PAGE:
Amazon Web Services (AWS) becomes a full-fledged member of the world’s leading source container standards body- the Cloud Native Computing Foundation (CNCF). This platinum membership is a significant milestone for AWS as it joins a grand party of the software tycoons including Google, IBM, Red Hat and other front-runners in the digital space. Once again, AWS has proved how standards matter when it comes to driving technology initiatives.
Though AWS owns a huge market share, Containers is an area upon which AWS didn’t have a major clutch. By joining CNCF, Amazon Web Services has recognized the relevance of Kubernetes, an open source container management platform developed by Google. According to a recent survey by the Cloud Native Computing Foundation, 63% of respondents run containers on AWS. Many of the established companies are already using Kubernetes in production on AWS. Joining CNCF, AWS pledges to play a key role in the cloud native community, by contributing to Kubernetes as well as other prominent cloud native technologies.
A large chunk of CNCF projects are already running in the AWS Cloud and with the new CNCF membership, users will have an incredible experience running the workloads on AWS. Dan Kohn, Executive Director of the Cloud Native Computing Foundation comments that the “participation will shape the future of enterprise computing.”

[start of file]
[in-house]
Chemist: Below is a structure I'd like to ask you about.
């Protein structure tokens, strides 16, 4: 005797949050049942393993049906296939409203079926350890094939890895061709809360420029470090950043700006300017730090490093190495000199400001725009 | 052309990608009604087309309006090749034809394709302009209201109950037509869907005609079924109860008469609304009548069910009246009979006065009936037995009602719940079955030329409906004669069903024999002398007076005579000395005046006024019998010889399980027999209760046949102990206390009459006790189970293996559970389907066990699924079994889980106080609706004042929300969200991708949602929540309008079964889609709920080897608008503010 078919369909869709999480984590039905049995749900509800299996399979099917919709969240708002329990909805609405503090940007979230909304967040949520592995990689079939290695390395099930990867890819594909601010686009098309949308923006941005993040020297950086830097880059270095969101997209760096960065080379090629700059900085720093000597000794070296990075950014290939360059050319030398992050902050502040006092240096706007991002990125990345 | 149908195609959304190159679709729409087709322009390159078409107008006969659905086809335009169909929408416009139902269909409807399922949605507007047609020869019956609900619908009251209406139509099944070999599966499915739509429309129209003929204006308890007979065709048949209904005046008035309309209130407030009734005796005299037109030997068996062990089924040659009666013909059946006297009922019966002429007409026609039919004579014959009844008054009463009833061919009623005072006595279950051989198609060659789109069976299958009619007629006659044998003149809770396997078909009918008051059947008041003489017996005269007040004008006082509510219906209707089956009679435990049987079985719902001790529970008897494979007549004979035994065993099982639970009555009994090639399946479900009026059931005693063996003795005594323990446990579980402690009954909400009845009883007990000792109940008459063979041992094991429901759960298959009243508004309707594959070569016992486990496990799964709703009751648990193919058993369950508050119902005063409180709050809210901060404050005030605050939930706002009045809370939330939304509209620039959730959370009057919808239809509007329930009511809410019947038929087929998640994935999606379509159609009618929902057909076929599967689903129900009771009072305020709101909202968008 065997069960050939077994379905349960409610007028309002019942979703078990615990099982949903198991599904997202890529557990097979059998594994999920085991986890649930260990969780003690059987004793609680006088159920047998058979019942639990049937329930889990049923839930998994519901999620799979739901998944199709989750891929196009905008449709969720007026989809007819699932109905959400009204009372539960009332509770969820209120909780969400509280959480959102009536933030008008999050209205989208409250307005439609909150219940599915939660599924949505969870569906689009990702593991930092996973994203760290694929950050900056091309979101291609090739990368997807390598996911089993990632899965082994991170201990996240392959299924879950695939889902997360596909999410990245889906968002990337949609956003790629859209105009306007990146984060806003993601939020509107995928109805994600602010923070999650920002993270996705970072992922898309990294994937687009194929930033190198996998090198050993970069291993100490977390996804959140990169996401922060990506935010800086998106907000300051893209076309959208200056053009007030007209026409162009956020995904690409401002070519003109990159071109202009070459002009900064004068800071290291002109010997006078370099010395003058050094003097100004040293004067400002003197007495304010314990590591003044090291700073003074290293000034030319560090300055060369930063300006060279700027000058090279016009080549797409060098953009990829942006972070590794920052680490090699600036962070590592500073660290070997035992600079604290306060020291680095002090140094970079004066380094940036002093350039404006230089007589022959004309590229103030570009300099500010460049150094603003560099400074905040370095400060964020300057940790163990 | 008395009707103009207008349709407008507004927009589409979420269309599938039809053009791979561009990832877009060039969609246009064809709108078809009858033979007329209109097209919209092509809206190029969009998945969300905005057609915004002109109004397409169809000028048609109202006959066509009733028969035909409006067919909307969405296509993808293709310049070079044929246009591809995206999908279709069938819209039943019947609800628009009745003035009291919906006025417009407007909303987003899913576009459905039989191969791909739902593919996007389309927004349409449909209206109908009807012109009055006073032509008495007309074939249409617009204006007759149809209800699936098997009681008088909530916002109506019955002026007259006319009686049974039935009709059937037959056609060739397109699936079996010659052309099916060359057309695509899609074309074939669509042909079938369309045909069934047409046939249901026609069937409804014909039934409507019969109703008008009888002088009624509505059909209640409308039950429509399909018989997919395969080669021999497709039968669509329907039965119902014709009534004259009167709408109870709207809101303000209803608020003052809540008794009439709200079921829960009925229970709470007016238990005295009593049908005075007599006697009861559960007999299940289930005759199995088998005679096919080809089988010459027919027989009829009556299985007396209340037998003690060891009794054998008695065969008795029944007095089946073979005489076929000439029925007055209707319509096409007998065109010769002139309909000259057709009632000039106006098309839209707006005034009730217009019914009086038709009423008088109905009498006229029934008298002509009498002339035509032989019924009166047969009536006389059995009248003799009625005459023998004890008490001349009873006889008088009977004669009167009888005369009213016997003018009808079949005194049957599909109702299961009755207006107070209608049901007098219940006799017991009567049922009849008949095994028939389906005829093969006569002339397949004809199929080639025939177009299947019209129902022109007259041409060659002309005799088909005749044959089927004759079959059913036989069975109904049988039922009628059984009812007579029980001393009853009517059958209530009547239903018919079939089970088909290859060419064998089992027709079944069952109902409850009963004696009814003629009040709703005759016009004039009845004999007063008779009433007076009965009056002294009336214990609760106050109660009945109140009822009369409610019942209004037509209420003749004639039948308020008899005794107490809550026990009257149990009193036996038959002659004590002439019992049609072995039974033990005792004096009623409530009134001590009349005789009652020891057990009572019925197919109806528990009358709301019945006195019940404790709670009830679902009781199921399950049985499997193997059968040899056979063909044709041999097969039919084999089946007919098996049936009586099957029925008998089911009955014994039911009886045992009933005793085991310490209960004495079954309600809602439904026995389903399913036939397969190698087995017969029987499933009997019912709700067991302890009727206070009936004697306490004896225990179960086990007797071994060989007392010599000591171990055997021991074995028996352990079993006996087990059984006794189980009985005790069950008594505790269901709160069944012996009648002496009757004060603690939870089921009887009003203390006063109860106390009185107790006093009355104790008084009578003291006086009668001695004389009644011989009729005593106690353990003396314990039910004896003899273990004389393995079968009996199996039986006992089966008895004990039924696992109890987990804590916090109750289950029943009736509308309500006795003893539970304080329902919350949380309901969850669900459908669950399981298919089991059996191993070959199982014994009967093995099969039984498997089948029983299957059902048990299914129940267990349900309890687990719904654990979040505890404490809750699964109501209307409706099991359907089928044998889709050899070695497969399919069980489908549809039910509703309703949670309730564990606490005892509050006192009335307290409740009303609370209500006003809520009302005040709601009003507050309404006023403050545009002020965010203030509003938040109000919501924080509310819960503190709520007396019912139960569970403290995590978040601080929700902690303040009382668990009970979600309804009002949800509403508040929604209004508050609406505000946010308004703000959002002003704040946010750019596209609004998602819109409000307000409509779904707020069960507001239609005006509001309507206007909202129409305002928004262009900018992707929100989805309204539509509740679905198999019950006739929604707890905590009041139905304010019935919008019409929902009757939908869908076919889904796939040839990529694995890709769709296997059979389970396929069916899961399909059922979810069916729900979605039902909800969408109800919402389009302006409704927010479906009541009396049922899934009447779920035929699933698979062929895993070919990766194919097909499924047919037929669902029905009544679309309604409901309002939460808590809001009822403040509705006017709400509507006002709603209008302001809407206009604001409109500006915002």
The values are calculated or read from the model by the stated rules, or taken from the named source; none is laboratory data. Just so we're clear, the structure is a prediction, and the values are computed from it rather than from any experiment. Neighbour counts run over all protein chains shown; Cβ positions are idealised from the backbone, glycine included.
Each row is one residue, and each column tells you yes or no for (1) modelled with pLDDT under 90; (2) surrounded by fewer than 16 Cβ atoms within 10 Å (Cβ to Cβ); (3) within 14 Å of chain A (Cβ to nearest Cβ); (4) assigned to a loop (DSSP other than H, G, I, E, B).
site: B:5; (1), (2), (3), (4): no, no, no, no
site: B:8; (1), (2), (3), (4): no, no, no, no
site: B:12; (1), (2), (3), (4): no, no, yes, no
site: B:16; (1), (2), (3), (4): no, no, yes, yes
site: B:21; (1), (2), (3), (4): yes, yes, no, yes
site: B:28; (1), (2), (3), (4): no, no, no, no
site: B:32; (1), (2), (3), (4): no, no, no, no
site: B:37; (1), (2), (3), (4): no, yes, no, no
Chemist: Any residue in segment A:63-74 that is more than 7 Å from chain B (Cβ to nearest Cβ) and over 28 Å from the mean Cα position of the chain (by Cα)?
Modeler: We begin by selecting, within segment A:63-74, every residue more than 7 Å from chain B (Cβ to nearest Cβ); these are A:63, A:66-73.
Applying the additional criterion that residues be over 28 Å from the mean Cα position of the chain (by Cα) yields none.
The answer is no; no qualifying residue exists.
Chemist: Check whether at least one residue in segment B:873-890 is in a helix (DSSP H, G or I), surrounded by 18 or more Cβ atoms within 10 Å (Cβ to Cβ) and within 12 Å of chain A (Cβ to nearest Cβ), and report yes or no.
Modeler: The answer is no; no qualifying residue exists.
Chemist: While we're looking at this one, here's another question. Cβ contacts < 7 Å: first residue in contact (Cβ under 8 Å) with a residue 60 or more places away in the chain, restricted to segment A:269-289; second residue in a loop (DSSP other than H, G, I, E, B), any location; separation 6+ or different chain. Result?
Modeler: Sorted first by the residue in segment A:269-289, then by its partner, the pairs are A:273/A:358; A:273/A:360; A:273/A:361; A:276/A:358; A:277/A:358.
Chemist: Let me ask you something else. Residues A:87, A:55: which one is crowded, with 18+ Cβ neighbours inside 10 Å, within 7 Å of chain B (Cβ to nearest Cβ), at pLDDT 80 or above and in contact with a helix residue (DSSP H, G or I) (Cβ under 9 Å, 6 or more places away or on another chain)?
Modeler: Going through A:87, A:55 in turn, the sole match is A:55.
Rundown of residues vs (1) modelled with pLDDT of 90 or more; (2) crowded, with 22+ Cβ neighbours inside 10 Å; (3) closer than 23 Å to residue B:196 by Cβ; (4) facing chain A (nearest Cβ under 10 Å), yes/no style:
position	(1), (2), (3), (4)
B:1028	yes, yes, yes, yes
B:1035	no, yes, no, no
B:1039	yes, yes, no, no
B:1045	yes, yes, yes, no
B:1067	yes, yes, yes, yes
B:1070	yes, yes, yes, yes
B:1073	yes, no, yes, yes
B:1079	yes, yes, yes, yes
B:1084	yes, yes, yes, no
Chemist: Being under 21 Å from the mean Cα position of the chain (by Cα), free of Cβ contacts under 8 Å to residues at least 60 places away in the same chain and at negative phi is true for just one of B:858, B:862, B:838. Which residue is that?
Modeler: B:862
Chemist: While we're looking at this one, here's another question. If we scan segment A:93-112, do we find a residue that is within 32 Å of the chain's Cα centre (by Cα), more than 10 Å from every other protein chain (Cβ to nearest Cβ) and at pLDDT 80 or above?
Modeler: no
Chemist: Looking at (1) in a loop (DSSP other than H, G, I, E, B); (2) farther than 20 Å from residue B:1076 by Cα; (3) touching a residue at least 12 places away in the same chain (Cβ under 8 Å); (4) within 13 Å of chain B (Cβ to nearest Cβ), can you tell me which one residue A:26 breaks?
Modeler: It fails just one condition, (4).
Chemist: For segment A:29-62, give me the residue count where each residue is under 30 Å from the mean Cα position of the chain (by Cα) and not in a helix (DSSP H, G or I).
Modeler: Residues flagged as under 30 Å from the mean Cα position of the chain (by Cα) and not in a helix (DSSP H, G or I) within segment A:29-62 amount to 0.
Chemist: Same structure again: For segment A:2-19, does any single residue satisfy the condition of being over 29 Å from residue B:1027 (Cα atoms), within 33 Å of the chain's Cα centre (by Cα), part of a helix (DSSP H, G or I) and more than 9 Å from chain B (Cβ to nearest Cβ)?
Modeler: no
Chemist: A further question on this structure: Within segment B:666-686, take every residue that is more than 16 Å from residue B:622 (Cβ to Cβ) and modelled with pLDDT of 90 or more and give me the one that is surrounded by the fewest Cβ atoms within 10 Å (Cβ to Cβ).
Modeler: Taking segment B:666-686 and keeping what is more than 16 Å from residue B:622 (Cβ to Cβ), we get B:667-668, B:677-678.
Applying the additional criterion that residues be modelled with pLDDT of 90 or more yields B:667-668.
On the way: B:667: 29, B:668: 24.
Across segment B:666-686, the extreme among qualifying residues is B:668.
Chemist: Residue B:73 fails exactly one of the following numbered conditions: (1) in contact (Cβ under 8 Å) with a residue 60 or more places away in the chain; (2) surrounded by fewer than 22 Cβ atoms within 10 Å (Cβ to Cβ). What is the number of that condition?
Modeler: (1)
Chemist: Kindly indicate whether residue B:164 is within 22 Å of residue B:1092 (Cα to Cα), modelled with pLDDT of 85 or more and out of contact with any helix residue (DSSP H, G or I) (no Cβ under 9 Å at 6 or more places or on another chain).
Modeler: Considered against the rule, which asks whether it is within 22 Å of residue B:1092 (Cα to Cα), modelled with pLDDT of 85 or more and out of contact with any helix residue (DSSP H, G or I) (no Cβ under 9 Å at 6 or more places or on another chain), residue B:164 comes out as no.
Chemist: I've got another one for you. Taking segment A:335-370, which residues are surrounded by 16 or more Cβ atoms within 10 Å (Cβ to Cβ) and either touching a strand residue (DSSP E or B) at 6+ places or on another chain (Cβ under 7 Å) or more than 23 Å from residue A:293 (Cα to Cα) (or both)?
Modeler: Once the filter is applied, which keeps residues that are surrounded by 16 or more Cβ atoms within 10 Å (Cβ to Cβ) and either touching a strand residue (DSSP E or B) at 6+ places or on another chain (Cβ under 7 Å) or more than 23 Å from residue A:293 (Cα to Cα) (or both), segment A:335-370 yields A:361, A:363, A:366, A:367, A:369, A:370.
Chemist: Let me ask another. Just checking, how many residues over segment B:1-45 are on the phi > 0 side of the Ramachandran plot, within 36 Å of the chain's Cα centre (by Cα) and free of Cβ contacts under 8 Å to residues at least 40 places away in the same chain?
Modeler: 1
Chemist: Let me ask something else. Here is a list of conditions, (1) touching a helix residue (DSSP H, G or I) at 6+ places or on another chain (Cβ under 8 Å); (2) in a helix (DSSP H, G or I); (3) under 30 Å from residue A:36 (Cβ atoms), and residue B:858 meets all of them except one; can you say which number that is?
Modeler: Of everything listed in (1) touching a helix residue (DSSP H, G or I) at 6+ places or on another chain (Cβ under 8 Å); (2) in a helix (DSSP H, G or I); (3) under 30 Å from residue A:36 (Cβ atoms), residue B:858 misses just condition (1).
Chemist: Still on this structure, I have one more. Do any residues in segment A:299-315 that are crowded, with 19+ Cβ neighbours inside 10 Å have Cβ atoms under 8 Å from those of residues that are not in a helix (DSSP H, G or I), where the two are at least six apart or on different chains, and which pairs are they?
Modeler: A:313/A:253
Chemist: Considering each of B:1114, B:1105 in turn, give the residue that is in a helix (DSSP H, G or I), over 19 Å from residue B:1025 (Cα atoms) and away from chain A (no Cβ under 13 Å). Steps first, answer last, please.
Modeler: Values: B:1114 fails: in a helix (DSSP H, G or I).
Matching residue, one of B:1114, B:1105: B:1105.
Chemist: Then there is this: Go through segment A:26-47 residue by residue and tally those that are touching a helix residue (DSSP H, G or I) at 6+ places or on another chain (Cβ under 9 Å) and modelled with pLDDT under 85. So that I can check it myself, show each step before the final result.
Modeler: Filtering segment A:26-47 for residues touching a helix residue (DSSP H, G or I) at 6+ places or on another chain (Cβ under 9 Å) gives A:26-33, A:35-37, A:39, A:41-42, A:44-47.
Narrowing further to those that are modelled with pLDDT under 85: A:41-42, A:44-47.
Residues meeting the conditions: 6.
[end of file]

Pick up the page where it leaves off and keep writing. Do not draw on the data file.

What users will gain with the recent AWS move?
When AWS realized the growing role of Kubernetes, the organization decided to go by the industry standards. What we now have is a streamlined and logical path to containerization- a technology that allows you to break down the application into discrete manageable chunks, which makes updates easier. Containerization also lets you clearly define and execute developer tasks and operation tasks in a DevOps model.
Sticking to standardized container management process will help AWS vendors in forecasting concerns and formulating ways to address the issues in advance. This is critical when you build your unique tools on top of AWS.
Agreeing to a sense of standard can take off technology to the next level, just like how the World Wide Web boomed in the 20th century. As a market leader, AWS has really proved why standard matters to technology in the digital age.